Bassist Ben Wanicur knows a thing or two about hosting a jazz jam session, having led one for five years in University Heights at the work-share studio 3rd Space.
Part of Wanicur’s expertise came about through some hard lessons in his youth. The Washington, D.C. native winced when re calling his first experience on the jam session stage. “I got kicked off the bandstand at Twins in D.C., right in the middle of a song,” says Wanicur. It was one of the worst experiences I’ve ever had to deal with. They didn’t even wait for the tune to end. It was humiliating. I had to walk off the stage with my head down.”
What was Wanicur’s offense?
“They had called a tune I didn’t know, and there was a singer, so I was trying to sight-read the chart and transpose it into her key at the same time, so it was a train wreck. “
Wanicur doesn’t want to make any younger players re-live his experience, but he’s also not keen on cosseting up-and-comers or confirming any sense of entitlement.
“So we’re looking to strike a balance between that extreme and one that coddles younger players. We want to be empathetic but we also want to be mentors to the ones who are really serious. Sometimes some tough love is in order. If a player comes in three weeks in a row without learning a specific tune, it’s probably time for them to learn it before coming back.”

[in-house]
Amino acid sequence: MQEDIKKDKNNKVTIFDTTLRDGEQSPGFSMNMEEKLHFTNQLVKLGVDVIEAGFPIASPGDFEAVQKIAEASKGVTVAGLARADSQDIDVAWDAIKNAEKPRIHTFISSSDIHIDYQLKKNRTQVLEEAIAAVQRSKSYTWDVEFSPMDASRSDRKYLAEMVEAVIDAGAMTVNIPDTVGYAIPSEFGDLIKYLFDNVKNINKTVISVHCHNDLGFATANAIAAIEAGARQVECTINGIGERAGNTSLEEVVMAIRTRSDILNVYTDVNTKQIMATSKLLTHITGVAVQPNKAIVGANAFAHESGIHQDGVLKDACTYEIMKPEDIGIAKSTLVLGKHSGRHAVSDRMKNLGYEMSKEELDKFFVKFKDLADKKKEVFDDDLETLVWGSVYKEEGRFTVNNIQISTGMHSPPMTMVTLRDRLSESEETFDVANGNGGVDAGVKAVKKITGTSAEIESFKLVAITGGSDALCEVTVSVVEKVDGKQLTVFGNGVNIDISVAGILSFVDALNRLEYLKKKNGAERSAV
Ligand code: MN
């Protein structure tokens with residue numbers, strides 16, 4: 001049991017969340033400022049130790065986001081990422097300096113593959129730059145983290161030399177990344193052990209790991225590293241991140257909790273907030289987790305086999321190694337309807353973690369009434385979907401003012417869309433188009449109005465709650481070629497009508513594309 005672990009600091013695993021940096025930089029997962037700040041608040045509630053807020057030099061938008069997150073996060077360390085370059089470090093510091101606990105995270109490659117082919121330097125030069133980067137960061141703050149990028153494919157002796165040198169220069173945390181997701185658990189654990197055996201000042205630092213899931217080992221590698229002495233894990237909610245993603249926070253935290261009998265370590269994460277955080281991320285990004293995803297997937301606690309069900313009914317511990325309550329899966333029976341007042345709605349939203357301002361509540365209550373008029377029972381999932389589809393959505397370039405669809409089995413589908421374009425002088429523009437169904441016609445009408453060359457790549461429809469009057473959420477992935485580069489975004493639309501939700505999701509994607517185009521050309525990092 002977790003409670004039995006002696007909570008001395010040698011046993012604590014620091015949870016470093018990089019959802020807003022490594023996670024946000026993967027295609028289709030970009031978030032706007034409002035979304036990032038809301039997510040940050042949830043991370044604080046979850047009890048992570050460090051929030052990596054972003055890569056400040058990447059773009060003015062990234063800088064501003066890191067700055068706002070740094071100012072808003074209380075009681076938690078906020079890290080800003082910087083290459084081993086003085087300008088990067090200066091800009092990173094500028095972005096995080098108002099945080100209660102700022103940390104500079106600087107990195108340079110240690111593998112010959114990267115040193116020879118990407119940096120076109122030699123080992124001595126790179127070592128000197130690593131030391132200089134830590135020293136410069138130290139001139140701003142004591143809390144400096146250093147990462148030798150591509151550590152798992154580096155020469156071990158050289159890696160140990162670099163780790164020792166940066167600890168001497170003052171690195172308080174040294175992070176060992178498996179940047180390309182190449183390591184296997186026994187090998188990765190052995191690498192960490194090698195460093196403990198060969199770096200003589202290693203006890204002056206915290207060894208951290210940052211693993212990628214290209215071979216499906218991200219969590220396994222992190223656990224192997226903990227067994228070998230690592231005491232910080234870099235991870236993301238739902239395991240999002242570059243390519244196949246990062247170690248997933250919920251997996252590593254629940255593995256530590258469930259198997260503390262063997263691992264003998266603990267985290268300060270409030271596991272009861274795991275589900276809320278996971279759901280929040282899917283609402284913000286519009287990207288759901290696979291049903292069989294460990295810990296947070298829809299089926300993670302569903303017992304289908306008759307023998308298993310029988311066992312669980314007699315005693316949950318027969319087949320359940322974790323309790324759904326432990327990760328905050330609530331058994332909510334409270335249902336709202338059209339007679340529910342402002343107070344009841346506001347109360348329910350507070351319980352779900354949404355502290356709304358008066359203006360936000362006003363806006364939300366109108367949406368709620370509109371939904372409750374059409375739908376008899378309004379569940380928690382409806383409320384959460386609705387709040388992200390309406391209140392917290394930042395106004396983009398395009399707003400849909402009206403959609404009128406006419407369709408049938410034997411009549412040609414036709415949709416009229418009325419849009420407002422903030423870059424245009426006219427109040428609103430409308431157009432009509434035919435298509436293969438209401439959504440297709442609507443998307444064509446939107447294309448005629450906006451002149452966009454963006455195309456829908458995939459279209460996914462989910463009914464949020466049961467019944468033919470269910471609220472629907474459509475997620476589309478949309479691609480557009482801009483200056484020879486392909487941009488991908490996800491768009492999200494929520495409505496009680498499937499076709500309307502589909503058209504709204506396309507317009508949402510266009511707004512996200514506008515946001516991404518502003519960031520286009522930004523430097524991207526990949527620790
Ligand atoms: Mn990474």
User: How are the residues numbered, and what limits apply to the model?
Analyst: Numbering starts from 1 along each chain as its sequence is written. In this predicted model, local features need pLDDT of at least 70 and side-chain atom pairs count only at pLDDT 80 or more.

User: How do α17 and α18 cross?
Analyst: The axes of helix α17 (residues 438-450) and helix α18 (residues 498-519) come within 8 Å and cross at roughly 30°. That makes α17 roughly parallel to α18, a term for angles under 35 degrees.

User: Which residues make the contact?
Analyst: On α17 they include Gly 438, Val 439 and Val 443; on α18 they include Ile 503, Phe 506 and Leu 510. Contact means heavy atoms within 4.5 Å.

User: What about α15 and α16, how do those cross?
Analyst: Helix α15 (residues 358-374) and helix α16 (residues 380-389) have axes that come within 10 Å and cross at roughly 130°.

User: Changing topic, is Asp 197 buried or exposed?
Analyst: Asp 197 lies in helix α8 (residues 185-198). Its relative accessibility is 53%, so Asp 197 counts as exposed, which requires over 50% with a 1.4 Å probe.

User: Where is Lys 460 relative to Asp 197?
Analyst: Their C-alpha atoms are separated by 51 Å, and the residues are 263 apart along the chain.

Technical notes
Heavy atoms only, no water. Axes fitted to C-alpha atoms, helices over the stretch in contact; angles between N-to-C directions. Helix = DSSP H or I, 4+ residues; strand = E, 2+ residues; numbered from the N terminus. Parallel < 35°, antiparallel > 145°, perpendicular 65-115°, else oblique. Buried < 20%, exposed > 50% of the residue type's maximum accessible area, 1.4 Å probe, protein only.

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Until recently, Wanicur’s jam session had found a home at the Til Two Club in City Heights on the third Thursday. The sessions featured Mikan Zlatkovich on piano and Duncan Moore on drums. But in late April, Wanicur got a phone call from the club management cancelling any future shows . “They said they want to try again in the fall,” Wanicur relates. “But you know how that goes.”
His advice to players seeking to sit in, if the session rises from the ashes?
“We don’t have a signup sheet. This is more ‘old-school’ than that. They should go to the gig and listen first, then introduce themselves. We’ve got a really good house band, and the best way for these youngsters to learn is by playing with great musicians honing their craft.”